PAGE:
Looking for Chengdu: A Woman's Adventures in China

Looking for Chengdu: A Woman's Adventures in China

Looking for Chengdu: A Woman's Adventures in China

Looking for Chengdu: A Woman's Adventures in China

Synopsis

In the 1980s, anthropologist Hill Gates set out on an excursion to Sichuan Province, the first of many visits she would make to gain a deeper understanding of Chinese women. This is her memoir of her travels by boat, train, bus, car, bicycle and foot, across the countryside into Chinese society.

Excerpt

Anthropology is an exhilarating vocation, if an exhausting one. Living in Taiwan and China, I eat extraordinarily well, meet marvelous, unlikely people, and shop for silk socks or dogskin blankets, accumulating weight, good karma, and exotic soft furnishings along with serious research notes. Contrapuntally, I lose sleep, illusions, and all track of American time. Fieldwork is important to an anthropologist, though not its ultimate goal. I work hard at it, interviewing until my assistants plead for holidays; expanding the day’s scribbled notes on my laptop every night; pestering bureaucrats to give me a longer investigative leash.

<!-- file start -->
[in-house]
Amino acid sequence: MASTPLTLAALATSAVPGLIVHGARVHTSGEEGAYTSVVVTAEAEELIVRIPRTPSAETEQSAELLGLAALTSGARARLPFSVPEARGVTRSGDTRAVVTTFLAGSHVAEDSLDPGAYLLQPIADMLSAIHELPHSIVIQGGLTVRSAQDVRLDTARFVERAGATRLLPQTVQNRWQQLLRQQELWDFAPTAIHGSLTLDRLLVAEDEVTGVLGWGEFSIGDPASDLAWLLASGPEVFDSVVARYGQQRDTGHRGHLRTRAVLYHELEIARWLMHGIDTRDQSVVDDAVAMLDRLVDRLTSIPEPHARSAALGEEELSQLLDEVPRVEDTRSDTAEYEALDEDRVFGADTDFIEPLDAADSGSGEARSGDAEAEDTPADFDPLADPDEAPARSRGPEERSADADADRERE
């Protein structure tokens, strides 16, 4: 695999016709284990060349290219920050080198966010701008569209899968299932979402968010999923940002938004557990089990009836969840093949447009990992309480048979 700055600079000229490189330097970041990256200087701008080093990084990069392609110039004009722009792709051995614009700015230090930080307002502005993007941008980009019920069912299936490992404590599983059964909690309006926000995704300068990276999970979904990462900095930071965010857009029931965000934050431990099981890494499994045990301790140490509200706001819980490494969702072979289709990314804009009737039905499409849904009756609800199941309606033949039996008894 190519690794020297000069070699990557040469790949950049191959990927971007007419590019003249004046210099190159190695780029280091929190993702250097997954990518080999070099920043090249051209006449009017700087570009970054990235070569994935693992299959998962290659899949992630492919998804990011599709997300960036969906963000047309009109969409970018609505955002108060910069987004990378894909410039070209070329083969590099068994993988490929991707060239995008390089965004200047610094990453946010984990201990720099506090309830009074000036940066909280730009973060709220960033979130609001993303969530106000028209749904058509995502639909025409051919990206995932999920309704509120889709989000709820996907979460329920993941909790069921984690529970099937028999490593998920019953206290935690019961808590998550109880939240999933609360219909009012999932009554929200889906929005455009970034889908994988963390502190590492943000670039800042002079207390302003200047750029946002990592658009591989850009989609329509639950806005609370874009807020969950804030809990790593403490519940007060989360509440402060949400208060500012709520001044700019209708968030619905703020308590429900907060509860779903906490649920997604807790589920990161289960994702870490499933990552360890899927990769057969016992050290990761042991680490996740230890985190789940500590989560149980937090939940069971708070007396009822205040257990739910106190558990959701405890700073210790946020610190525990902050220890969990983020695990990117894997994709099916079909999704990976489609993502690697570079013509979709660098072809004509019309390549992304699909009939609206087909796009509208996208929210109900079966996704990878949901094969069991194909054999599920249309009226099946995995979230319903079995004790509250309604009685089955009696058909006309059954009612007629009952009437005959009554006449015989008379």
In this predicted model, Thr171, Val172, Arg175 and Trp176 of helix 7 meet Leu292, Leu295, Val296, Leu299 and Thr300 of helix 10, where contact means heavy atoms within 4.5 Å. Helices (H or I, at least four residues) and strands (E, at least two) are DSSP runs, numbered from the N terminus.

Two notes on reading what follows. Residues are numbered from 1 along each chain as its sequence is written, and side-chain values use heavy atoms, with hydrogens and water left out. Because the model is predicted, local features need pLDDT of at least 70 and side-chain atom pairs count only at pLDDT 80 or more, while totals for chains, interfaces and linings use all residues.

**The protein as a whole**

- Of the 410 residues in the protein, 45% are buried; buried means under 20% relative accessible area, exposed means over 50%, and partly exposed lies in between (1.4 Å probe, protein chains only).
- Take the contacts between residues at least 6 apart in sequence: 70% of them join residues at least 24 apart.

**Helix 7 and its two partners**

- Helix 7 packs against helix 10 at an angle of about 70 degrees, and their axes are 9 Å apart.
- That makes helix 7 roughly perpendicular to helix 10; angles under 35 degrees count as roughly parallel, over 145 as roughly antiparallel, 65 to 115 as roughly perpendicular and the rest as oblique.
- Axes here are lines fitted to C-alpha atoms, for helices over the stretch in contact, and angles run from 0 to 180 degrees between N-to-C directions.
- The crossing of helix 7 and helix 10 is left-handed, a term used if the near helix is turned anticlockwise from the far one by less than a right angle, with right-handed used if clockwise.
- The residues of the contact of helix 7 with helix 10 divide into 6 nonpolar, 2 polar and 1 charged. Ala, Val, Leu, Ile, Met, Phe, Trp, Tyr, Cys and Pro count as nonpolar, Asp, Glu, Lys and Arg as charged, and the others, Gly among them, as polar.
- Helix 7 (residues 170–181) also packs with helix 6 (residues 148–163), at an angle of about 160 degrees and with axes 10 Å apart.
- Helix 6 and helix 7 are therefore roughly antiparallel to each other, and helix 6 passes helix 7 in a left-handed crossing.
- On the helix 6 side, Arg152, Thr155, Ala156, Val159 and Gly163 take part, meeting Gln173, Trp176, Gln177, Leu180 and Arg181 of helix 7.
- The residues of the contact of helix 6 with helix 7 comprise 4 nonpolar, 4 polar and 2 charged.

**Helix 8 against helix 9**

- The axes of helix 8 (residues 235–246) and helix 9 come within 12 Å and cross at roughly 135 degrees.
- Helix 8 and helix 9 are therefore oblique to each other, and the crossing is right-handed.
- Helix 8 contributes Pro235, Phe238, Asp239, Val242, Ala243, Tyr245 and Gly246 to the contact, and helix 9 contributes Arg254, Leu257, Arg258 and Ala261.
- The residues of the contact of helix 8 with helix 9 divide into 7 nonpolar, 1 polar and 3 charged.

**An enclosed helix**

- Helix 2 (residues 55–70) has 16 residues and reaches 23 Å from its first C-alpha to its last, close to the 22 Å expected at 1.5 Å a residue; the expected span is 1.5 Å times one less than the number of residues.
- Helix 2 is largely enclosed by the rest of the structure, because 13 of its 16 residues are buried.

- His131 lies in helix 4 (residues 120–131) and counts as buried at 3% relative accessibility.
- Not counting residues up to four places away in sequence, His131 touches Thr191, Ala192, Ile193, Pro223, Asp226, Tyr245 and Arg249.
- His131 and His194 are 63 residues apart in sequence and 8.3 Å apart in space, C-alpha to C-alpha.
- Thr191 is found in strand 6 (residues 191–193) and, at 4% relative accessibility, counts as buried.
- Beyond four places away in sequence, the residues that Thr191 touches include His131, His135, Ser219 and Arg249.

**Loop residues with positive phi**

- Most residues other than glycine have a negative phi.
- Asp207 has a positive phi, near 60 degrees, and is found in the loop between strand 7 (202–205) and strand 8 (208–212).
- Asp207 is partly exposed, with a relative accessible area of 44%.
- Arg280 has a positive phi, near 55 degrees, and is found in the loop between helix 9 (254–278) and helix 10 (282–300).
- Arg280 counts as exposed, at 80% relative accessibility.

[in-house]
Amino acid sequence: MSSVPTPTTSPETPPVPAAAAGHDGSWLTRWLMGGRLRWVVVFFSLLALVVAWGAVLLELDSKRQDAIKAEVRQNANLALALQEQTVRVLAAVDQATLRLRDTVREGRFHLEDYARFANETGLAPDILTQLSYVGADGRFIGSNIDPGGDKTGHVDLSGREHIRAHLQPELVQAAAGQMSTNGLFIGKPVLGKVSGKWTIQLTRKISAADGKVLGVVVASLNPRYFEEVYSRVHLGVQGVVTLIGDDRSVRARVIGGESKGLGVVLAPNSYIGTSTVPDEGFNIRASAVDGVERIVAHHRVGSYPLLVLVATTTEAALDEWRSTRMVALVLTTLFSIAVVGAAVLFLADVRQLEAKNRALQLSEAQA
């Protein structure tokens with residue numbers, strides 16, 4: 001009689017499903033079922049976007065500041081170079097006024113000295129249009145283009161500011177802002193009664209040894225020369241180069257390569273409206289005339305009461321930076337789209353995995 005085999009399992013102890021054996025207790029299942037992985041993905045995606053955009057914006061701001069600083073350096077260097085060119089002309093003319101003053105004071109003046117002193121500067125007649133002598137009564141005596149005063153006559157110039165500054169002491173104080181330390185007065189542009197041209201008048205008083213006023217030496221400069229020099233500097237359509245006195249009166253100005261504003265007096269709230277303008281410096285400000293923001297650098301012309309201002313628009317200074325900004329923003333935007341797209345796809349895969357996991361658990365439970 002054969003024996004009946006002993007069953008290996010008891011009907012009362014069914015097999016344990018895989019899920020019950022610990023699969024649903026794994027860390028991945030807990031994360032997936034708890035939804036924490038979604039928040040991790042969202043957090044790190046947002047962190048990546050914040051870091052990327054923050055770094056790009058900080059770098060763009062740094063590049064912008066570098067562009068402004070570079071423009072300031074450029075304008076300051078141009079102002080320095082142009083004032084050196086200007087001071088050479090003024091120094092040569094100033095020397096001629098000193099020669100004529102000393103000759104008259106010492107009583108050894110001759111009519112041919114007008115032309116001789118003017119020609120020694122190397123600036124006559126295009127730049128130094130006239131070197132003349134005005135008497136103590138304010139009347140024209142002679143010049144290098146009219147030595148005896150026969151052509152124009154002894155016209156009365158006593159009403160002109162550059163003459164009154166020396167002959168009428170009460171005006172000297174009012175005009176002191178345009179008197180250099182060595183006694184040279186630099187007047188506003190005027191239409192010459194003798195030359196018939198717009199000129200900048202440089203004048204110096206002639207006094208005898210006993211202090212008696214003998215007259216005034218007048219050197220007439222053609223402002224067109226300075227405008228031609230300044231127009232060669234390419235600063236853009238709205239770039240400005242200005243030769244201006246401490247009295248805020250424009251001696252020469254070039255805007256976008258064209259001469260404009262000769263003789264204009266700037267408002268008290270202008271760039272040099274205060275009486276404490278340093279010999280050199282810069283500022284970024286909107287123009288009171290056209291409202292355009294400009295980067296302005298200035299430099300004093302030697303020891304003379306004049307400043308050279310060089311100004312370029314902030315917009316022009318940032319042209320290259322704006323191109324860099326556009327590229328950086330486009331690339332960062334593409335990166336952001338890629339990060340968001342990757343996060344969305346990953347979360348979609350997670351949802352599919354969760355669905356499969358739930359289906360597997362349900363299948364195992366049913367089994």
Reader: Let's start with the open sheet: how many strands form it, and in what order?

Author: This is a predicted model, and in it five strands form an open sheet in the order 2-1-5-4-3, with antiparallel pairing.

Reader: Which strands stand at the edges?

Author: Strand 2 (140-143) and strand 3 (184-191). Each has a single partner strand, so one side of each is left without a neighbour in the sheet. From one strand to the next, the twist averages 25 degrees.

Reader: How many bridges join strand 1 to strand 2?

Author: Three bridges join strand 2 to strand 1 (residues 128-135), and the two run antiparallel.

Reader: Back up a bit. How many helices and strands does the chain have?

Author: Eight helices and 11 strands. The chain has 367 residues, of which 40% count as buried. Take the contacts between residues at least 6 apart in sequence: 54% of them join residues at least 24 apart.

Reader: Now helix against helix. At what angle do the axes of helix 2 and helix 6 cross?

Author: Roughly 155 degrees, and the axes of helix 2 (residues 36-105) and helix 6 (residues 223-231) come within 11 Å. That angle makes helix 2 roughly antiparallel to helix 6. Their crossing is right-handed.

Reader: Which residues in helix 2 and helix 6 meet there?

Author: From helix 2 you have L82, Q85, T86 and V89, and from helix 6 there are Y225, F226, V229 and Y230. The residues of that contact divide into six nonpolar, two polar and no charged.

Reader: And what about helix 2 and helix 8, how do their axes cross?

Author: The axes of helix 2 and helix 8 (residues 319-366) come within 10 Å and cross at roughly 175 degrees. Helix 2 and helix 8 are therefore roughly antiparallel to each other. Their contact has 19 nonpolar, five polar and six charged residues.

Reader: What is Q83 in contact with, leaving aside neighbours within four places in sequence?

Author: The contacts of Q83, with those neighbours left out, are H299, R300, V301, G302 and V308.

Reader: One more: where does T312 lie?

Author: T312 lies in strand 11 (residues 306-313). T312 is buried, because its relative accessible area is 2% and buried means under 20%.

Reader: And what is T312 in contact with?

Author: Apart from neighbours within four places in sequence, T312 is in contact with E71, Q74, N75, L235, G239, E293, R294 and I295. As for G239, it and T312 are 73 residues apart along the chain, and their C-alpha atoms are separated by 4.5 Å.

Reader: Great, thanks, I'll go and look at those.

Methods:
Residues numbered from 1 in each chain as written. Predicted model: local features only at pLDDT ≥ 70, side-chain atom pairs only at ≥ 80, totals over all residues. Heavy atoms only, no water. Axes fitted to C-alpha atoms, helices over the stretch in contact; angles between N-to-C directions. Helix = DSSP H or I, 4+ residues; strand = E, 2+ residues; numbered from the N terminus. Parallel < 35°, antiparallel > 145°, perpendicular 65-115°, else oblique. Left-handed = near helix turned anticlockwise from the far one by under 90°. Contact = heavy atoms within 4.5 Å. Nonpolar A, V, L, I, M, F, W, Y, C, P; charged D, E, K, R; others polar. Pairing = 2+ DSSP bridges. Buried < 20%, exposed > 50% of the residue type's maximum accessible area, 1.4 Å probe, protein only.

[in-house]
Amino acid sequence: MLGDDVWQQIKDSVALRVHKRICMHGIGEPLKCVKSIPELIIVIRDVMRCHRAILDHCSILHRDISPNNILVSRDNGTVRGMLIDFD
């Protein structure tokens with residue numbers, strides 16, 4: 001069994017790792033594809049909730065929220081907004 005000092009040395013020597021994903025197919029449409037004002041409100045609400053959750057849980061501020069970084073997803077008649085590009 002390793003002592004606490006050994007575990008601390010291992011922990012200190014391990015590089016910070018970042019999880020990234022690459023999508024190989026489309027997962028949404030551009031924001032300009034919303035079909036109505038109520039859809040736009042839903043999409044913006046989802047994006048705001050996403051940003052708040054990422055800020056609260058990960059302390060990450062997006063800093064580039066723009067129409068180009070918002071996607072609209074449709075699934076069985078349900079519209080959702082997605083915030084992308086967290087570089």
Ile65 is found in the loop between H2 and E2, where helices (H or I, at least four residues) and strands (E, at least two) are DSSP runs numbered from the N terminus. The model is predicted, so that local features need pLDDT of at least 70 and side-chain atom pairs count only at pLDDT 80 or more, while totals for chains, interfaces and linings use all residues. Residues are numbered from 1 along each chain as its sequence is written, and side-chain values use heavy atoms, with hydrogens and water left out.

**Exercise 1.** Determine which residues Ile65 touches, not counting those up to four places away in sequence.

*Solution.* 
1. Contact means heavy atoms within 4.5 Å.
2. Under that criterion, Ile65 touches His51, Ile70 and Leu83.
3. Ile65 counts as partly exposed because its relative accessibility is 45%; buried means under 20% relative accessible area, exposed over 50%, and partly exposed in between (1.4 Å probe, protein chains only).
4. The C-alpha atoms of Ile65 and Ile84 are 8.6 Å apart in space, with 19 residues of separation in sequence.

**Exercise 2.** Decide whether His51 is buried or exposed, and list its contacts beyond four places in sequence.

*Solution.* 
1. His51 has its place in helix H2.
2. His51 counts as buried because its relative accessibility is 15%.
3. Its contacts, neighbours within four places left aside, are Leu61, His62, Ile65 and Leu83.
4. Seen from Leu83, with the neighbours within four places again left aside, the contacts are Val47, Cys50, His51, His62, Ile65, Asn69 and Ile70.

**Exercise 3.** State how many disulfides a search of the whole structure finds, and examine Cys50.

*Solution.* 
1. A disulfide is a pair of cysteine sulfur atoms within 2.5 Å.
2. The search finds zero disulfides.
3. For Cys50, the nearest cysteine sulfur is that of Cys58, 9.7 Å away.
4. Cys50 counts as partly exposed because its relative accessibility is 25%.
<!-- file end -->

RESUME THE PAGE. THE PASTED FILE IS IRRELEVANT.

But Chinese evenings spent far from the big cities of the coast are long, especially if one fails to find much joy in tv, dance halls, or low-stakes gambling. I wrote this journal on those nights—to push back loneliness, but also from the narcissism all journal-keepers share. Choosing words to fix the minutiae of my days promises insightful distance, a chance to better see myself as I peer and pose and watch for sharks. Only some years after I had begun this after-hours writing did I squarely face that I might be writing for other readers as well. Would those readers be as charmed as I with my supple honesty, my wise perceptions?

Of course not. They would want to learn about China, which they know both exists and matters in this world, not about the mid-life crisis of a jumpy unknown lady don.

Can one write a book about one’s self as that self urgently seeks to understand China without including something useful about the Chinese themselves, if only as a byproduct? the layperson might think not. As a hardened professional, I assure you that it can be done. in recent years, some . . .

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